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Publication numberUS20030043405 A1
Publication typeApplication
Application numberUS 09/946,428
Publication dateMar 6, 2003
Filing dateSep 4, 2001
Priority dateSep 4, 2001
Also published asCN1407493A, EP1291760A1
Publication number09946428, 946428, US 2003/0043405 A1, US 2003/043405 A1, US 20030043405 A1, US 20030043405A1, US 2003043405 A1, US 2003043405A1, US-A1-20030043405, US-A1-2003043405, US2003/0043405A1, US2003/043405A1, US20030043405 A1, US20030043405A1, US2003043405 A1, US2003043405A1
InventorsChris Hill
Original AssigneeHill Chris T.
Export CitationBiBTeX, EndNote, RefMan
External Links: USPTO, USPTO Assignment, Espacenet
System and method for regulating print requests sent to a publisher
US 20030043405 A1
Abstract
A system and method for regulating print jobs sent to a publisher. Typically, the method includes receiving a print request that a print job be sent to a publisher. The print job may have a print job attribute. The method further includes comparing the print job attribute to a pre-authorized attribute limit. The print request is directed to a destination determined by results from comparing the print job attribute with the pre-authorized attribute limit.
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Claims(19)
I claim:
1. A computer-implemented method for regulating print jobs sent by a user to a publisher, the method comprising:
receiving a print request that a print job be sent to a publisher, the print job having a print job attribute;
comparing the print job attribute to a pre-authorized attribute limit;
directing the print request to a destination determined by results from comparing the print job attribute with the pre-authorized attribute limit.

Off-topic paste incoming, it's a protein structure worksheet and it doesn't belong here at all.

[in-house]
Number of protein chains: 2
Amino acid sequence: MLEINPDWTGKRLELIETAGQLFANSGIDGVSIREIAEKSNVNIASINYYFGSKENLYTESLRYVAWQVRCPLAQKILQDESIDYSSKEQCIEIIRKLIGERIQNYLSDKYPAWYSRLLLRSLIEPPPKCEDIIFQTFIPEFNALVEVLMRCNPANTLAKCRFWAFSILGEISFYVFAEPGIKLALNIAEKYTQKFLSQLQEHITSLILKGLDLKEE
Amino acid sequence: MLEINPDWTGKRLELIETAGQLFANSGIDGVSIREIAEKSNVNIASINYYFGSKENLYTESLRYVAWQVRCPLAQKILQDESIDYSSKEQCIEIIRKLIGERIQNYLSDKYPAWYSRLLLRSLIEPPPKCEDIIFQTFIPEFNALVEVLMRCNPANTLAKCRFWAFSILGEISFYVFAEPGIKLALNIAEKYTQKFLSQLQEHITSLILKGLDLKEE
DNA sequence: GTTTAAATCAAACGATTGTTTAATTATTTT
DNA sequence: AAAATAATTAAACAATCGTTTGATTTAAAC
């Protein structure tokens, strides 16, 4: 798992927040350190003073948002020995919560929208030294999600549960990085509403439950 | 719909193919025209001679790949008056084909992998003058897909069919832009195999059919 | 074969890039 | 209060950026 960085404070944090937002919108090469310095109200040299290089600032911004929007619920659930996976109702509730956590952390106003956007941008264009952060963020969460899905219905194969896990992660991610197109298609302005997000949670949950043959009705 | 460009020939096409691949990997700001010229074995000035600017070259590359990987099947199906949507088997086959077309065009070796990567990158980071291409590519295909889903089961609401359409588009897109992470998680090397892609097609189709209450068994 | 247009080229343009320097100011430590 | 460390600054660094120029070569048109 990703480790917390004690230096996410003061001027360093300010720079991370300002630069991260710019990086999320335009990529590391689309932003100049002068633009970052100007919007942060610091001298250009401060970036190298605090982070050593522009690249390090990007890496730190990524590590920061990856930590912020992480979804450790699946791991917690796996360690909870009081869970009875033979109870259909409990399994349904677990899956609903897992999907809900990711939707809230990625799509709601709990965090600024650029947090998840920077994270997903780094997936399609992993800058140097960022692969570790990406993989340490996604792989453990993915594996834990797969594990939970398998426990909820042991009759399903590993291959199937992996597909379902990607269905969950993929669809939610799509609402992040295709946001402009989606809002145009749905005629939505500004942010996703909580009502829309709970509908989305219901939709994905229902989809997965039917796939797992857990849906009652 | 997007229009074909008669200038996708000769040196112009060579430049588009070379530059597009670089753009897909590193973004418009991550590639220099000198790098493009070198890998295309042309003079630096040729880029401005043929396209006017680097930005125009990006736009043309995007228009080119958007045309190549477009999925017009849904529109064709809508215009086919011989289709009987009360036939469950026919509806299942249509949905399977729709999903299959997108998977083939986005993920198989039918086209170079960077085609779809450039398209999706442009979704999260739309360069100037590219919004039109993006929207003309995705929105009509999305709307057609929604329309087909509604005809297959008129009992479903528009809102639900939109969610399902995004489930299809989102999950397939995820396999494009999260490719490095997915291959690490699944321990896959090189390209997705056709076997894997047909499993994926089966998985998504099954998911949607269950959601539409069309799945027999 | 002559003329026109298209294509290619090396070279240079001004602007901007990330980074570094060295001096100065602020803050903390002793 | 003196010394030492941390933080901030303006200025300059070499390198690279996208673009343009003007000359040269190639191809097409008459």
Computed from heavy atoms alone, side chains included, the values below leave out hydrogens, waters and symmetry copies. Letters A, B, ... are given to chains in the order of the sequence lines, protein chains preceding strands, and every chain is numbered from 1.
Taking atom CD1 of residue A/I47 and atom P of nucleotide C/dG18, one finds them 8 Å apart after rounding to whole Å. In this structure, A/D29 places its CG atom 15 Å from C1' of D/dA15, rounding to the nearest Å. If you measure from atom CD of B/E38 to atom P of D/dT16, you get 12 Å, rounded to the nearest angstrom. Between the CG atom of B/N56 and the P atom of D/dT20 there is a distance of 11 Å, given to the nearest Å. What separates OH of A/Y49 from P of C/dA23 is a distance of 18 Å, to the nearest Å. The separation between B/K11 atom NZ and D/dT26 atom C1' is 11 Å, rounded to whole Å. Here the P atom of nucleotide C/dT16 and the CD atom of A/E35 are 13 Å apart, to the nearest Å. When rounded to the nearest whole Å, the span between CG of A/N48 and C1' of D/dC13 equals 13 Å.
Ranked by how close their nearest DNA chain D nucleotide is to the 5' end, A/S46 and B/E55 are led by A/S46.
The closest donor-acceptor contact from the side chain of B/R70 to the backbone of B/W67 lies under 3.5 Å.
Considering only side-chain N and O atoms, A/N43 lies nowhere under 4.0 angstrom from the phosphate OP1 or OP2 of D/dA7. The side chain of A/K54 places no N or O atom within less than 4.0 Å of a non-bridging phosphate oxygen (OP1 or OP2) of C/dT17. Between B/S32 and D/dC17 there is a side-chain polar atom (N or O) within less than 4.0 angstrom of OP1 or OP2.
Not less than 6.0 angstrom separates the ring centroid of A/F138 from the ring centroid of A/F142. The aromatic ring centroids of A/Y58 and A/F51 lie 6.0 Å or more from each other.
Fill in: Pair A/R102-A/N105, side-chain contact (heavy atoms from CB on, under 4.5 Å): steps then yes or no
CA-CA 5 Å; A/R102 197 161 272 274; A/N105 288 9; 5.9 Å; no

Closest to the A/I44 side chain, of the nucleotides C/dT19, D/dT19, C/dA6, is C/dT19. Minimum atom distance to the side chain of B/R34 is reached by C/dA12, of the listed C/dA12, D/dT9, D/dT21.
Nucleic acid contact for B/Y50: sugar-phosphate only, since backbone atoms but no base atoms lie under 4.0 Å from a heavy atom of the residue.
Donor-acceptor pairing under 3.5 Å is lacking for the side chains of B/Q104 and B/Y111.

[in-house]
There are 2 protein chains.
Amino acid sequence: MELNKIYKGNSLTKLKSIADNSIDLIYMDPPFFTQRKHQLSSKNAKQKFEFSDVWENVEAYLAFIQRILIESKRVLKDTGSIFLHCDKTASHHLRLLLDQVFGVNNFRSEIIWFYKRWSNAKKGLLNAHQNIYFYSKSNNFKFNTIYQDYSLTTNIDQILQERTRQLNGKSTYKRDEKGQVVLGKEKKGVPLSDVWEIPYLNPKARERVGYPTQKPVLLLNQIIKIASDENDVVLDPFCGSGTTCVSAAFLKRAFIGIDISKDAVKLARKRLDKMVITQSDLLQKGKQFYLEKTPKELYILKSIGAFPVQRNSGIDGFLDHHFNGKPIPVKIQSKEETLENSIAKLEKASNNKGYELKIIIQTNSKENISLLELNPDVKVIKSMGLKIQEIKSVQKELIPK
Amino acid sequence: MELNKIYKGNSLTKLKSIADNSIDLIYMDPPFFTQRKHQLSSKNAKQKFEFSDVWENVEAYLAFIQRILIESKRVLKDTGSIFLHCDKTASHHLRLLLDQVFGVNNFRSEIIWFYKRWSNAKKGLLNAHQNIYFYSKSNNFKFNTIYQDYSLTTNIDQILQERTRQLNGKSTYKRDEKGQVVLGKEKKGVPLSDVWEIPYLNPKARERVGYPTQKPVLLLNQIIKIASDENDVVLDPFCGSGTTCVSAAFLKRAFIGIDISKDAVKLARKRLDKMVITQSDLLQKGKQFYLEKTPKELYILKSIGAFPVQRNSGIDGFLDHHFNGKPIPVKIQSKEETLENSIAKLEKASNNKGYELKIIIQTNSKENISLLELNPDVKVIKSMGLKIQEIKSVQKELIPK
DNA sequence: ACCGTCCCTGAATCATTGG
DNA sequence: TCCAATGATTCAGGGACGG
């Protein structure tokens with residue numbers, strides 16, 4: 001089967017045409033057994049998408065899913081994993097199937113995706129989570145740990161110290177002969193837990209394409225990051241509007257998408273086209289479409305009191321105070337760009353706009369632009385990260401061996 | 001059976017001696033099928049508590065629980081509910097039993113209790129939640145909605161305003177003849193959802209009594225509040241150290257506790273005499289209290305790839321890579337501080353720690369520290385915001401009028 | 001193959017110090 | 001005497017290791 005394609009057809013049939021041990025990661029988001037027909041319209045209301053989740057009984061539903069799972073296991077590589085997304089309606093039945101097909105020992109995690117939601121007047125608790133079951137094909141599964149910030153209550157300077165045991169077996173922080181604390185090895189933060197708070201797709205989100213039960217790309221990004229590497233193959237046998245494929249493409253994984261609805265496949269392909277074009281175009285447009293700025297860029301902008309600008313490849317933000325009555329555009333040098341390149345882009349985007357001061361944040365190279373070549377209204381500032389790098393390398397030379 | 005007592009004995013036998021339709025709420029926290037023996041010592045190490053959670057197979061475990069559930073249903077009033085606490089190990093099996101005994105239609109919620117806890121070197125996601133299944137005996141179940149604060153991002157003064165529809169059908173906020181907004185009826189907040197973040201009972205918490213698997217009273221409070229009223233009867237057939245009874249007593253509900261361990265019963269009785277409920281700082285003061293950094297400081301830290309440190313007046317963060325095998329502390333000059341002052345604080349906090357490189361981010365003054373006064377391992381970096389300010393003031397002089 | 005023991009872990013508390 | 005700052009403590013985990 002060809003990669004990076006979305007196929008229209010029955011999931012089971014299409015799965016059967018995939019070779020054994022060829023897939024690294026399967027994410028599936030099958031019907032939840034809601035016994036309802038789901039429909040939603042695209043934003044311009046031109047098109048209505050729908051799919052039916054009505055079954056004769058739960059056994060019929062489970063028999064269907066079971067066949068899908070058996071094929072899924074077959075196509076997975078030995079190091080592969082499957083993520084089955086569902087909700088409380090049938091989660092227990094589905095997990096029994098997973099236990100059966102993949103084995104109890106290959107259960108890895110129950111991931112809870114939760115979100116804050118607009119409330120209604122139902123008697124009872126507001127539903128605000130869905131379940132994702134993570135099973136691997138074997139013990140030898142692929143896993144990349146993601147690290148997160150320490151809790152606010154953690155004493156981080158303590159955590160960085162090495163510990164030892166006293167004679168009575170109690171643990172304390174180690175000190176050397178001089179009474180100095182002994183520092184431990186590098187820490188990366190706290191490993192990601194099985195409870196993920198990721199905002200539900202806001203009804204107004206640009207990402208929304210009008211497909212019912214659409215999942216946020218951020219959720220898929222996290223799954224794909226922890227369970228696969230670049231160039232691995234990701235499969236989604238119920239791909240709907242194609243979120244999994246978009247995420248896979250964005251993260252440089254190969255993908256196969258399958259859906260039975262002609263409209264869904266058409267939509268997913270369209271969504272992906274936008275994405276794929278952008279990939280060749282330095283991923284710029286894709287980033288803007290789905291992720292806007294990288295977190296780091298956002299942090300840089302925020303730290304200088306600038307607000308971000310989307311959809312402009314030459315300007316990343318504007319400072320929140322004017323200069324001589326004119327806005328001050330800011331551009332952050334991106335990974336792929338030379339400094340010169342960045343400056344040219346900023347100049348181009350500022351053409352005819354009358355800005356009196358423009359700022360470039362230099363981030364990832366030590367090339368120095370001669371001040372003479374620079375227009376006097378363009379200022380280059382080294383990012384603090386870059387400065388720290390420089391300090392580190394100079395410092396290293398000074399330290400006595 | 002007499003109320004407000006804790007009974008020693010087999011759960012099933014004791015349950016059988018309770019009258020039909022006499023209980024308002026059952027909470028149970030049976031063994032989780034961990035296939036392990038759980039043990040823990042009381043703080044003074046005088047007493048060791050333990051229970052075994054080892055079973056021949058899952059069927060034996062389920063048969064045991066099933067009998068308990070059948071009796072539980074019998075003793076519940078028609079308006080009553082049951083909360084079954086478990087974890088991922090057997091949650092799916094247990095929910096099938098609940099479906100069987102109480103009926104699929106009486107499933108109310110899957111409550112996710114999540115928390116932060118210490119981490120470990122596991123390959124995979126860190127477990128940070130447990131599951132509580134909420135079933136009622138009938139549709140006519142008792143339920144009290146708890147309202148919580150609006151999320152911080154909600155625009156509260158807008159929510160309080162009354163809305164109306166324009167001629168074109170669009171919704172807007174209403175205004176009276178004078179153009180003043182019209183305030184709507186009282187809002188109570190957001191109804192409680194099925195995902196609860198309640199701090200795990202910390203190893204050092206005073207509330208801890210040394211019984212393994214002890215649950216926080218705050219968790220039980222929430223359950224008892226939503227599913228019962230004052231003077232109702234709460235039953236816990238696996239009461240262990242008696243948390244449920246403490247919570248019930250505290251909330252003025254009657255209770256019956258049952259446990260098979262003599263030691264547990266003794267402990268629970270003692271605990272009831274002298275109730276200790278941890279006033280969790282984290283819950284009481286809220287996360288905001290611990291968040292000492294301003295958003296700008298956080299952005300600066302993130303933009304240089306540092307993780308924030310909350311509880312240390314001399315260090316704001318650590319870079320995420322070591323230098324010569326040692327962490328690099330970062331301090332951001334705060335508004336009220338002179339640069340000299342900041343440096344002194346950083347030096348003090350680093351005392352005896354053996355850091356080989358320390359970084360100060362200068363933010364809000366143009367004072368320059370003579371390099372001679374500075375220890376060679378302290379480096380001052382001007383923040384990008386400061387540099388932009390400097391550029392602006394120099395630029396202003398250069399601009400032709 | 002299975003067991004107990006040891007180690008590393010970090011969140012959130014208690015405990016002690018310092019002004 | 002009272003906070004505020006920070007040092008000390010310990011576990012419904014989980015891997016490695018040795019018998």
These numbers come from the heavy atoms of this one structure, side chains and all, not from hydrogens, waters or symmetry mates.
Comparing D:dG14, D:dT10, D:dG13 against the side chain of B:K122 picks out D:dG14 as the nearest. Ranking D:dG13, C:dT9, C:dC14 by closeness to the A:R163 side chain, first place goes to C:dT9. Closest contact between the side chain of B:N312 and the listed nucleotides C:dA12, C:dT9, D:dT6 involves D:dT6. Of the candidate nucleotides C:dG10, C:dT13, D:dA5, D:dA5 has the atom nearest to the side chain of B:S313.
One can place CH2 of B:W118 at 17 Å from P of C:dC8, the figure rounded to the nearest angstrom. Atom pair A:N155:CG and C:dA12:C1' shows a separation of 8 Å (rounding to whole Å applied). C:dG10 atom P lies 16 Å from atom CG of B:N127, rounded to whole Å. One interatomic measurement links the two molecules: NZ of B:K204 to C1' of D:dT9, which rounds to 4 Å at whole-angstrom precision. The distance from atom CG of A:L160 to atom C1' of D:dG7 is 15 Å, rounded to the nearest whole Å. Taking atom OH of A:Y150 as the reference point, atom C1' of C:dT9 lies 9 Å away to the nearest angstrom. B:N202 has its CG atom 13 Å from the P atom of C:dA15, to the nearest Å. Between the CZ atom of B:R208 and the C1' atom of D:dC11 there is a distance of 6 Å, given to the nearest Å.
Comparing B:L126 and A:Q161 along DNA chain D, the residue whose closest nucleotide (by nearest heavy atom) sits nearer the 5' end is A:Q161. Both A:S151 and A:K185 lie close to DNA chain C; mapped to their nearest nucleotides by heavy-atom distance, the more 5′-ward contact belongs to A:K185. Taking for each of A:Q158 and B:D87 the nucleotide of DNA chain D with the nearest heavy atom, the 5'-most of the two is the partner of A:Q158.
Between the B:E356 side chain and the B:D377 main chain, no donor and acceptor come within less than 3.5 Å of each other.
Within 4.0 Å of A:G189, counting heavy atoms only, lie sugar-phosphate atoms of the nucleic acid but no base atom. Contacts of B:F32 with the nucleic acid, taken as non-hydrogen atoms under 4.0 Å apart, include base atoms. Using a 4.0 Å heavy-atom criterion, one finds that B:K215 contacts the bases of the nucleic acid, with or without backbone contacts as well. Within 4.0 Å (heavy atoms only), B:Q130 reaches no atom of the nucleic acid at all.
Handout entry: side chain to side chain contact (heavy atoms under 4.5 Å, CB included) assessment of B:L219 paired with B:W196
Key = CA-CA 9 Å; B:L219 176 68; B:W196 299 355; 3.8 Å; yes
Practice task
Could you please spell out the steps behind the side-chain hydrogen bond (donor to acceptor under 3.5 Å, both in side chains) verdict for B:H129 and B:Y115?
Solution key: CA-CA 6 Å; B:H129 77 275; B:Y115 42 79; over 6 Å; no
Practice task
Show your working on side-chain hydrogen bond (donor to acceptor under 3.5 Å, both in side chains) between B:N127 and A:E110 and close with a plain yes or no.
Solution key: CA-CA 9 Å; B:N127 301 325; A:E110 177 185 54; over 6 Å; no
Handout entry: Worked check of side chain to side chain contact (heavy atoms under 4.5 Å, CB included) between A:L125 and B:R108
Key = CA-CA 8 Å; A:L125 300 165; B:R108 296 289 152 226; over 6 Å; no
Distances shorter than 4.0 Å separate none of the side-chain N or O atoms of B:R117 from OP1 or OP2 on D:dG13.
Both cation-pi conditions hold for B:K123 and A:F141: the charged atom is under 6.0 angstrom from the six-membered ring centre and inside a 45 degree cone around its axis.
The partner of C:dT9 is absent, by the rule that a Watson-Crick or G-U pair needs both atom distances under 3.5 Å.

2. The method of claim 1, where directing the print request to a destination includes submitting the print request automatically to the publisher when the print job attribute is within the pre-authorized attribute limit.
3. The method of claim 1, where directing the print request to a destination includes sending the print request to a supervisor for approval when the print job attribute exceeds the pre-authorized attribute limit.
4. The method of claim 1, where the destination is a printing endpoint.
5. The method of claim 1, where the destination is an evaluation endpoint.
6. The method of claim 1, where the pre-authorized attribute limit is user-specific.
7. The method of claim 1, where the pre-authorized attribute limit is a cost limit.
8. A storage medium readable by a computer, having embodied therein a program of instructions executable by the computer to perform the steps of:
receiving a print request from a user that a print job be sent to a publisher, the print job having a print job attribute;
comparing the print job attribute to a pre-authorized attribute limit;
submitting the print request automatically to the publisher when the print job attribute is within the pre-authorized attribute limit.
9. The storage medium of claim 8, where the program of instructions exectuable by the computer includes instructions for sending the print request to a supervisor for approval when the print job attribute exceeds the pre-authorized attribute limit.
10. The storage medium of claim 8, where the pre-authorized attribute limit is user-specific.
11. The storage medium of claim 8, where submitting the print request to the publisher includes sending the print job via a communications link to the publisher.
12. A computer-implemented system for regulating print jobs sent to a publisher by a user, the system comprising: